For those who have little time to read a whole book on food but want to know how best to amend their fast-food ways, the central thesis of Michael Pollan's In Defense of Food (Penguin) is summed up in the first paragraph: "Eat food. Not too much. Mostly plants." But for those who crave a more thorough understanding of the Western diet, its history, and its role in the modern-day paradox of a population that is overweight but malnourished, Pollan's short tome investigates how we have managed to become what we eat. Pollan defends real food against the onslaught of convenience products from the food industry and the nutritional science that has degraded the whole foods that once made up most diets. By taking a reductive view of nutrition, the food industry has removed us from our natural place in the food chain and broken down our foods so that they become less than the sum of their parts. Pollan rebuilds the parts to form more than the whole, and will change the way you look at your next meal.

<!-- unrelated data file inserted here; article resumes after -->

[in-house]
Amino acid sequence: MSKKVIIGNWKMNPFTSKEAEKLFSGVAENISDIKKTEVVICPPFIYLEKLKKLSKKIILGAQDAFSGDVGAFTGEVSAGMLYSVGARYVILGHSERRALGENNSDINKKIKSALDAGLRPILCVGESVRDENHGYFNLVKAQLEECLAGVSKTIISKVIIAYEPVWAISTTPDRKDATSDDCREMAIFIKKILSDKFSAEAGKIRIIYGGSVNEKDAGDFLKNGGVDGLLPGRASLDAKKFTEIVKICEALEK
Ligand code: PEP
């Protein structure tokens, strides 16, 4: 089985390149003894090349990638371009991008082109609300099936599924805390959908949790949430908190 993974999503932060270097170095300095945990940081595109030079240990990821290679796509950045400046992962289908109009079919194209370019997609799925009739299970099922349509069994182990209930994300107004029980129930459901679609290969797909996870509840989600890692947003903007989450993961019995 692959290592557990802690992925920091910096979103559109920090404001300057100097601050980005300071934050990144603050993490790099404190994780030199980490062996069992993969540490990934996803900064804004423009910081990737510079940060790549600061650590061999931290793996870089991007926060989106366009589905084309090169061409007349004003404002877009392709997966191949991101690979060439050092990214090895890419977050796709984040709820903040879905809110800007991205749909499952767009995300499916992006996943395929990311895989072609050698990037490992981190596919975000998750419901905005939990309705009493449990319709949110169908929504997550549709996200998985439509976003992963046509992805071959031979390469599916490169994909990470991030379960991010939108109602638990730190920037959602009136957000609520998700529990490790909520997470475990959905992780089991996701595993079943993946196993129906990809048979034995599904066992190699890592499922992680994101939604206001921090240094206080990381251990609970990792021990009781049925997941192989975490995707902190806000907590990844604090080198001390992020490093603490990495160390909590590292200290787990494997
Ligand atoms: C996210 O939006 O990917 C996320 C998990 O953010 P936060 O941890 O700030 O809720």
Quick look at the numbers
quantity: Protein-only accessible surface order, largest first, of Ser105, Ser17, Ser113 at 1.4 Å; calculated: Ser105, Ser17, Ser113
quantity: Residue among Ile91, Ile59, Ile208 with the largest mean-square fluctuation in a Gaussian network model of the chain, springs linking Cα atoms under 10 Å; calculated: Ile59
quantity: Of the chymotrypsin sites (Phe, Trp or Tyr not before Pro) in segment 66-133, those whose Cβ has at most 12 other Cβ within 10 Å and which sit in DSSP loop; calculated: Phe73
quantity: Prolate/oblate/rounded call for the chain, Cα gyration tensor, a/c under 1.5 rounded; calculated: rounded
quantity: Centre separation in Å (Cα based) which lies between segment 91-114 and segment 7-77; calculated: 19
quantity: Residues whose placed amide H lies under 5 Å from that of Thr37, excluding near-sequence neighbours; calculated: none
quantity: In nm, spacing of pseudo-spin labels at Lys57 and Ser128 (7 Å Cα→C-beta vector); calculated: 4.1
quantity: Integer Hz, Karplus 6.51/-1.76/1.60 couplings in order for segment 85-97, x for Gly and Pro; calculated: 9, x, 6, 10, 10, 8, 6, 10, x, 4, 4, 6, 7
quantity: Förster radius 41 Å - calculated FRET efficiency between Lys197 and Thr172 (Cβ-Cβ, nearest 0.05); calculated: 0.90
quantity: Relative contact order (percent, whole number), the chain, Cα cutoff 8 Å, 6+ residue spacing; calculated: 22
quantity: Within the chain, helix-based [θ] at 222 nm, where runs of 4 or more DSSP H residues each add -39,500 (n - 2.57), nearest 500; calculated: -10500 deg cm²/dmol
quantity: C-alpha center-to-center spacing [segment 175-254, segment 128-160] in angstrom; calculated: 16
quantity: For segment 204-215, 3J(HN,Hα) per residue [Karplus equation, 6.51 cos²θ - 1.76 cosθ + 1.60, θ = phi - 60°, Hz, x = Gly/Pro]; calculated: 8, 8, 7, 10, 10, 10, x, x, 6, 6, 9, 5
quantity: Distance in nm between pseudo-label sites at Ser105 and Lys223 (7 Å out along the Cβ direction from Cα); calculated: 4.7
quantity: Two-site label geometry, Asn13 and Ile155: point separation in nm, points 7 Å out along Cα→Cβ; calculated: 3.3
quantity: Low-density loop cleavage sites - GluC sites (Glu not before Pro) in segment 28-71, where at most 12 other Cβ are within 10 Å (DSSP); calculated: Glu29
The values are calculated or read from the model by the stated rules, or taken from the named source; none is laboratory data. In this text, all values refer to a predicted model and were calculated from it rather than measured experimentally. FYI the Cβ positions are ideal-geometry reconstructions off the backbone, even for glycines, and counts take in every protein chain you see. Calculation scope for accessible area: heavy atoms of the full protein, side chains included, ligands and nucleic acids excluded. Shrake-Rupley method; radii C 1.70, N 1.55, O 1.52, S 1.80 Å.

Tue., May 19, 7 p.m., 2009
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